RED ROCK, OKLAHOMA—The Otoe-Missouria Tribe announced today that it is partnering with Strive for College to sponsor a pilot program that helps tribal high school students gain access to college.
Strive for College matches qualifying high school students with undergraduate students who virtually mentor them online through the process of applying to, enrolling in and financing their higher education.
According to the Institute of Education Sciences National Center for Education Statistics, in 2012, only 39% of American Indian students who started in 2005 as first-time, full-time students at 4-year institutions graduated, compared to 60% of their white counterparts.
Due to the remote location of the Otoe-Missouria Tribal community, the virtual aspect of the Strive to College program is the key to its success. Students at Frontier School, the rural public school with the largest Otoe-Missouria student population, use webcams to connect with their mentors across the country.
“Native American students face unique challenges during the college application process,” founder of Strive for College Michael J. Carter says. “Strive for College works to impact the problem of college access in the United States and Native American students need to be a part of that solution. I’m thrilled that we’re able to use technology to connect students living on remote reservations with undergraduate students who can provide them with the guidance they need.”
When the student successfully completes the Strive for College program at Frontier Public School, the Otoe-Missouria Tribe will provide an additional $500 for school supplies to each student who attends college.
While internet access is essential to the success of the students in the program, it has also played a major role in the tribe’s ability to fund opportunities of this type. Strive for College is one of many social welfare programs that the tribe has been able to offer its membership in the last few years due to the success of its e-commerce lending businesses. Without internet access, neither the Strive for College program nor the e-commerce lending businesses would be possible for a tribe based in such a remote location.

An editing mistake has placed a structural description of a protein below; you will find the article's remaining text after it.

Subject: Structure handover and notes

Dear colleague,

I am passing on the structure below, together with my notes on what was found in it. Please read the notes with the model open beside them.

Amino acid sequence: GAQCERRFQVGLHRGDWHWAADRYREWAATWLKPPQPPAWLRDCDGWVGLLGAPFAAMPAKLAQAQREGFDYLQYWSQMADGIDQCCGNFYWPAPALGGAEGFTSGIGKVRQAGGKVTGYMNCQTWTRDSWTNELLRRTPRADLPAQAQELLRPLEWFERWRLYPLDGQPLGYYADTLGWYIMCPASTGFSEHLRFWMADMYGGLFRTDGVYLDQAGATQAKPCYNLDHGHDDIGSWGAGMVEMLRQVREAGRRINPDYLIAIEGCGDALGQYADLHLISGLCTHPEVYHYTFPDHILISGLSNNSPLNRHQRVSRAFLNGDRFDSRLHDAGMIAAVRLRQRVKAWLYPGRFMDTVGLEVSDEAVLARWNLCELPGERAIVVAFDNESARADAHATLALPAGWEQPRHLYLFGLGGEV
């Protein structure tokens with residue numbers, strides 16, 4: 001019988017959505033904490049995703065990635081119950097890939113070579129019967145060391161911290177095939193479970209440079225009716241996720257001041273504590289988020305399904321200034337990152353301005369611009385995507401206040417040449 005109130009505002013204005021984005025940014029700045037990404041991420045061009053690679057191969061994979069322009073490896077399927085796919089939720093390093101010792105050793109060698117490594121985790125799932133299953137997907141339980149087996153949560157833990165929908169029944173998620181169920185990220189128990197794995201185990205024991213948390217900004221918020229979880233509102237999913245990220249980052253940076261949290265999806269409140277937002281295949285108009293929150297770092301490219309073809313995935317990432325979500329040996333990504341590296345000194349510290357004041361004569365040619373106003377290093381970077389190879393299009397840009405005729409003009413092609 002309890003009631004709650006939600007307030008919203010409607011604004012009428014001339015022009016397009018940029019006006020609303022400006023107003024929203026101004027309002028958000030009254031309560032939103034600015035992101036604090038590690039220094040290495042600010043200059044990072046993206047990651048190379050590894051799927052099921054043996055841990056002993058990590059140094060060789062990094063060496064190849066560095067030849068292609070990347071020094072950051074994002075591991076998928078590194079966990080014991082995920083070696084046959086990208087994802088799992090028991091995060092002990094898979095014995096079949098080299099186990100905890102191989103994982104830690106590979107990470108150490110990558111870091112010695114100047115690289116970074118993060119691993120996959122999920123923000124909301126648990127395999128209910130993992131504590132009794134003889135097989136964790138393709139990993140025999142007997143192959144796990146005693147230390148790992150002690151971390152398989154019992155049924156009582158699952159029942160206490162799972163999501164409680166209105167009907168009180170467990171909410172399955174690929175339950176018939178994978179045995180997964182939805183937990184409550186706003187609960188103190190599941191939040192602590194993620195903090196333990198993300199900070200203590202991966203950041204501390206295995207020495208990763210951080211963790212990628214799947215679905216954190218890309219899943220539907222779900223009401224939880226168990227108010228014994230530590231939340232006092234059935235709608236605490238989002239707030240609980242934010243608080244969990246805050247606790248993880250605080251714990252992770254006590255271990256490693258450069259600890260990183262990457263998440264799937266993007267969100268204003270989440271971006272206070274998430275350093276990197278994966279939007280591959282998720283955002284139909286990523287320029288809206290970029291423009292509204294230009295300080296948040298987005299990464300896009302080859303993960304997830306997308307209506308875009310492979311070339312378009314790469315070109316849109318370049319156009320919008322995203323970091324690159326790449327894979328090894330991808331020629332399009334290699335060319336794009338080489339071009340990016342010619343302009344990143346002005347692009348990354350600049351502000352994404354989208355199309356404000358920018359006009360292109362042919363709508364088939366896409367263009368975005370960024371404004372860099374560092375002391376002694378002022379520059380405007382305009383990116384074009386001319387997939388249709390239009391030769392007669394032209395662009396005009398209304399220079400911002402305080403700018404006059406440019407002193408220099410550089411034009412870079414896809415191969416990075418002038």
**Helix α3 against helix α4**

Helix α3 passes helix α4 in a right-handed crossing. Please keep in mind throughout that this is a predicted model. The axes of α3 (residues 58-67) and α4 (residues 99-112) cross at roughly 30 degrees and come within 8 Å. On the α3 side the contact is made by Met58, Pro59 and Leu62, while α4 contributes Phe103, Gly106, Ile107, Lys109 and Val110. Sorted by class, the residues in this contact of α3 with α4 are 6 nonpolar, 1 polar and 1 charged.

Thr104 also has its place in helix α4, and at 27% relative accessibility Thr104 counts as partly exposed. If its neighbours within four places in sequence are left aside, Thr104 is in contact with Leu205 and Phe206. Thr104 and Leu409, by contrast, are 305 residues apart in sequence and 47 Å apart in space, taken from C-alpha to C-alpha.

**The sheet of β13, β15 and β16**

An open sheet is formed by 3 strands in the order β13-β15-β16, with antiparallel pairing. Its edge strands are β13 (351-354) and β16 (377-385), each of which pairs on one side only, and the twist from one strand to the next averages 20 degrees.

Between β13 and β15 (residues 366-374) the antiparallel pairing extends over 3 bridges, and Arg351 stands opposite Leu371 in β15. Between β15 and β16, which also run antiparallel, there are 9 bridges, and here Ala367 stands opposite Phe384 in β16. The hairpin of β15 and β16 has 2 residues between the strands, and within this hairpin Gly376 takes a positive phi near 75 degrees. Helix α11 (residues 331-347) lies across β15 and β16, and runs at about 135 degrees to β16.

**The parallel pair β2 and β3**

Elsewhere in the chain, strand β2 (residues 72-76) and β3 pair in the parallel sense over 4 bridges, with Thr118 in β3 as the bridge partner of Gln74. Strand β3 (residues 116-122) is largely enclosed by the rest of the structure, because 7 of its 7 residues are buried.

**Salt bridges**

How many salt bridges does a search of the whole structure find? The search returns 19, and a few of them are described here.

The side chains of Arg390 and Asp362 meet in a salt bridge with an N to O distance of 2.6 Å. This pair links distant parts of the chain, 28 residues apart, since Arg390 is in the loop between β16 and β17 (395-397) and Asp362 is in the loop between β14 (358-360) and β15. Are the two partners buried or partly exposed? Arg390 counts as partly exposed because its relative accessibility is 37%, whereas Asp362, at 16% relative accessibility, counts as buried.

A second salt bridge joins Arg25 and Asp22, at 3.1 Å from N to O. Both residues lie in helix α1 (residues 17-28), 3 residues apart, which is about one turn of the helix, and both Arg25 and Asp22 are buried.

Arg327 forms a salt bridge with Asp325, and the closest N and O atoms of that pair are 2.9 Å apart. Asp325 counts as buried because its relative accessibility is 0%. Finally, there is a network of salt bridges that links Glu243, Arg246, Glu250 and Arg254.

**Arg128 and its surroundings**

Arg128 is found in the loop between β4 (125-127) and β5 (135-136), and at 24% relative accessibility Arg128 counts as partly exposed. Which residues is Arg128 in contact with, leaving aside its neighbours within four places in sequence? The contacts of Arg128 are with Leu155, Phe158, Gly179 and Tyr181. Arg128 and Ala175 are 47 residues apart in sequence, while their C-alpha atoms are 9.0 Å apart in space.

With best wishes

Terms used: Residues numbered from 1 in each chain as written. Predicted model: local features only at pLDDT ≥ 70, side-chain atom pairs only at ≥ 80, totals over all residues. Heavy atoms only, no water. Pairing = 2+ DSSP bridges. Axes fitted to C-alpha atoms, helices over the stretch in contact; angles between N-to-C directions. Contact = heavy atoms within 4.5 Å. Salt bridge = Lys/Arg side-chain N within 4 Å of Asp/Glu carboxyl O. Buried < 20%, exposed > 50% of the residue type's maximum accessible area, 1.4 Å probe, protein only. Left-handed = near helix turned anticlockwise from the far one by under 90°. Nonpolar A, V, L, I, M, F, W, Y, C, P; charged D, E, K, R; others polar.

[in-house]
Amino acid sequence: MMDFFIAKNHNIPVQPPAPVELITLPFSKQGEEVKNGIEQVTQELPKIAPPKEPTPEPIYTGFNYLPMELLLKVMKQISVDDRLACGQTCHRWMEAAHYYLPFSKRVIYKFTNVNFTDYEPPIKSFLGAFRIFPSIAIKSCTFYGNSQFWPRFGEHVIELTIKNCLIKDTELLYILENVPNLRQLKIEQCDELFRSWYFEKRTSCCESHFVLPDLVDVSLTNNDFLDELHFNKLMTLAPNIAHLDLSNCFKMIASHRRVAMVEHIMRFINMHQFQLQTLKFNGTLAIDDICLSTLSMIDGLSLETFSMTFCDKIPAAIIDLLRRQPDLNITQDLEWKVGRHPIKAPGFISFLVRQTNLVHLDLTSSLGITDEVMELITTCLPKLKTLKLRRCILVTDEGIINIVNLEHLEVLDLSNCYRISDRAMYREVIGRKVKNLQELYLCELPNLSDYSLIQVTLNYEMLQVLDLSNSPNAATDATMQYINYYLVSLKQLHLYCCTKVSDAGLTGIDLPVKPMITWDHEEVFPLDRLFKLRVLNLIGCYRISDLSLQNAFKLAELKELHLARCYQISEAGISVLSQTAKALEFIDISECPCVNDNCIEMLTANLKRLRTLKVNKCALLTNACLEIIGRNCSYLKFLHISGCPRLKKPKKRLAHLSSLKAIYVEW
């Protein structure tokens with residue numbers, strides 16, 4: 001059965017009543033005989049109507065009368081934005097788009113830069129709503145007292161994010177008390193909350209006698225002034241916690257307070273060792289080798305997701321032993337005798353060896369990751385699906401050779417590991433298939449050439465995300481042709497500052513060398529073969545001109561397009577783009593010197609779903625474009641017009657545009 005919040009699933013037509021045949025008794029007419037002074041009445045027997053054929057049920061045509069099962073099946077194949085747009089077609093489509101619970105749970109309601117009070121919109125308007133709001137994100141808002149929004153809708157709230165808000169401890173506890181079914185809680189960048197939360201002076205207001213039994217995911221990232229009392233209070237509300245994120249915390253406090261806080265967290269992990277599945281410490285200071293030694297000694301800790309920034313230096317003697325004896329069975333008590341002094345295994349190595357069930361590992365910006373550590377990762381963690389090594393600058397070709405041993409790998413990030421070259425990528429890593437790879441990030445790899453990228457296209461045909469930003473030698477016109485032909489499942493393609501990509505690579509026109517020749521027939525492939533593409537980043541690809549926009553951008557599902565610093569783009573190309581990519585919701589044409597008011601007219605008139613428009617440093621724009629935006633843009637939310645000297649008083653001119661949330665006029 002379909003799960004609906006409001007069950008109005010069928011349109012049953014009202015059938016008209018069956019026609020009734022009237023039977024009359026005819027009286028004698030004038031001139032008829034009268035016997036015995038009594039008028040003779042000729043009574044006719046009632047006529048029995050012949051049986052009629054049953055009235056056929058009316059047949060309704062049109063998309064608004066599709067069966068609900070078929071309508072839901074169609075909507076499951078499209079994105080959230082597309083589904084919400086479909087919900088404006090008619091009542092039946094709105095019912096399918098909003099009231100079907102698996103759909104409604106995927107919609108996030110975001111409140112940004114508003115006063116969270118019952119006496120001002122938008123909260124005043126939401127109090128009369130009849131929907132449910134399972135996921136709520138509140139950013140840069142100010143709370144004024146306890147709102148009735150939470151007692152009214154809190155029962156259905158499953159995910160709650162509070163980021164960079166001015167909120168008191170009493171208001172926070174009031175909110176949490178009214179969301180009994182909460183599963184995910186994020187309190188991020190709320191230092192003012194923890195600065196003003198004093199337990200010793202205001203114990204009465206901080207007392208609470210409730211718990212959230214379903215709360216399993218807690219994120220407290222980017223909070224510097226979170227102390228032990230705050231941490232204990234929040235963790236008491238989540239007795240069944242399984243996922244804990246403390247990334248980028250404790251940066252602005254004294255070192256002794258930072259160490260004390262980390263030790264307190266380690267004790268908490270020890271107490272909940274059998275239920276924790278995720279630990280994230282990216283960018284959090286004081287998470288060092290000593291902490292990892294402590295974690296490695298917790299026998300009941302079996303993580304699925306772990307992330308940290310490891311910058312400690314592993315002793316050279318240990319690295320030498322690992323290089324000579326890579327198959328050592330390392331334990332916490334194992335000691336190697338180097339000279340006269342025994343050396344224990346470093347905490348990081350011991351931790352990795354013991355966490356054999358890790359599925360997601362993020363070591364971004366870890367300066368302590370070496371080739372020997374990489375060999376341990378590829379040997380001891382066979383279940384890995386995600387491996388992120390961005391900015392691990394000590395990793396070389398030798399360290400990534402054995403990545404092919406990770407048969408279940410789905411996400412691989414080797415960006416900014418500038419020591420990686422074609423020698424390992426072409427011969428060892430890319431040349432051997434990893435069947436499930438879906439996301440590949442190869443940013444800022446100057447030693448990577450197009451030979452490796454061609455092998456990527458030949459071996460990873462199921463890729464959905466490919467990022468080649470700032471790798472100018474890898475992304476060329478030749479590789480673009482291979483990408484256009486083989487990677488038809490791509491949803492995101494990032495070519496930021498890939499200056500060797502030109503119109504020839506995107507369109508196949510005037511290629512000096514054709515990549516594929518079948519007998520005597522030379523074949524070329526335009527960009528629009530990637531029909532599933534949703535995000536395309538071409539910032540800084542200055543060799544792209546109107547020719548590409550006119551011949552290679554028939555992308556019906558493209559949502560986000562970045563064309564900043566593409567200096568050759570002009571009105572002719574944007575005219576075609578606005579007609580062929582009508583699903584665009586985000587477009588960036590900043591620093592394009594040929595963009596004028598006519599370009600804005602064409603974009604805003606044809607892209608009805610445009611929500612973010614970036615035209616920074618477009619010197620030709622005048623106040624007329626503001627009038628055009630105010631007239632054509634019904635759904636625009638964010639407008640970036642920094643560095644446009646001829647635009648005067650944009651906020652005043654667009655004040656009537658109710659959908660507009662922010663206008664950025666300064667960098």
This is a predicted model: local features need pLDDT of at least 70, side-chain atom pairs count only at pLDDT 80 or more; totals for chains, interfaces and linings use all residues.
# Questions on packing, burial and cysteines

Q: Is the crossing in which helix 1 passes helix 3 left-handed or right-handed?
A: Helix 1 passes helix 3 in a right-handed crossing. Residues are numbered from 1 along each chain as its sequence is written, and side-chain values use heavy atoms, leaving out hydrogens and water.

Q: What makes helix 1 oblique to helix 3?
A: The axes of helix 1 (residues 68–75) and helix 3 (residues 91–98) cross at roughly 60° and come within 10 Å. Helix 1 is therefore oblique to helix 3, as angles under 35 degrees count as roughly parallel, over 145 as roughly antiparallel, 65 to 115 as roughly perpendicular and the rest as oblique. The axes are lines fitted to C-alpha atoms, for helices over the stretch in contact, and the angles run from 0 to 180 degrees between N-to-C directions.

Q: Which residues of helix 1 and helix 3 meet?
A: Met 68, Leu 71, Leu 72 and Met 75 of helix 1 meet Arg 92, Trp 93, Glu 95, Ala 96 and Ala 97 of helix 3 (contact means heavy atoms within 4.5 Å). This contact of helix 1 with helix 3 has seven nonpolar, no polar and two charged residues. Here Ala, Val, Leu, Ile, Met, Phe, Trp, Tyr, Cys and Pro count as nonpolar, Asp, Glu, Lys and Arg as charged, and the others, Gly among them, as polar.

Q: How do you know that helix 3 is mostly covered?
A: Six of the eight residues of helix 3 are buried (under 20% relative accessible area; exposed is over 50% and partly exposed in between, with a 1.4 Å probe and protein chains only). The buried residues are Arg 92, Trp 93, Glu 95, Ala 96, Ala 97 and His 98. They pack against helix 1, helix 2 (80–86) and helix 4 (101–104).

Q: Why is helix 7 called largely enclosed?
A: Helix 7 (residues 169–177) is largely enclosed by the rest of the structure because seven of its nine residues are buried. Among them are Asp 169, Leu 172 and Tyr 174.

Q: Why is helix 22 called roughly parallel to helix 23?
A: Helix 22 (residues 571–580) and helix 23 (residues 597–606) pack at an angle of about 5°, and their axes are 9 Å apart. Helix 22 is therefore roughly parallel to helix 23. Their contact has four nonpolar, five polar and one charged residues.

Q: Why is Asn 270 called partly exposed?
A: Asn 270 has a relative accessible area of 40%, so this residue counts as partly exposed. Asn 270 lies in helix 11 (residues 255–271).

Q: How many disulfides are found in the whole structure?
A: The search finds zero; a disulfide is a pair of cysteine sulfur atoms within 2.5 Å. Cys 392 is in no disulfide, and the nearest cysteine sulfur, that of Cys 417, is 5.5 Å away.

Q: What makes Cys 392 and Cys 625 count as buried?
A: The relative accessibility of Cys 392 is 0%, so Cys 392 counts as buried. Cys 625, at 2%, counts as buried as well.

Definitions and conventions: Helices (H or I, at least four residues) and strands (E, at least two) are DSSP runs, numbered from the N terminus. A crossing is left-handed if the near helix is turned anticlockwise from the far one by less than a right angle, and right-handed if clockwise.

“We are fortunate that our tribally owned and operated businesses provide us with the means necessary to extend this valuable aid to our tribal members and their families,” Otoe-Missouria Tribal Chairman John Shotton says. “Our lending businesses generate millions of dollars annually for the tribe and that revenue is used to fund critical social services like this program. I am proud that we are able to invest in our youth by providing them with the tools they need to succeed in the next phase of their lives.”
Initial funding for the pilot program was provided by Think Finance, one of the providers of analytics and technology services for the Otoe-Missouria Tribe’s e-commerce lending businesses.
The Otoe-Missouria Tribe owns and operates businesses in sectors including ranching, farming, e-commerce, gaming and waste management and is the second largest employer in the region. In addition to providing jobs for tribal members and the surrounding community, revenue from its businesses funds the government administration and critical social services, providing members with elder’s assistance, tuition and textbook assistance, emergency housing repairs, home buyer’s assistance, eyeglasses and hearing aid assistance.
More information about the Strive for College program will be available at the Frontier School ITYC College event on Tuesday, February 17 at 4 p.m. Otoe-Missouria Frontier students interested in enrolling in Strive to College may do so at www.striveforcollege.org or by contacting Frontier School Title VII Director, Sharon Forte at 580-723-4361.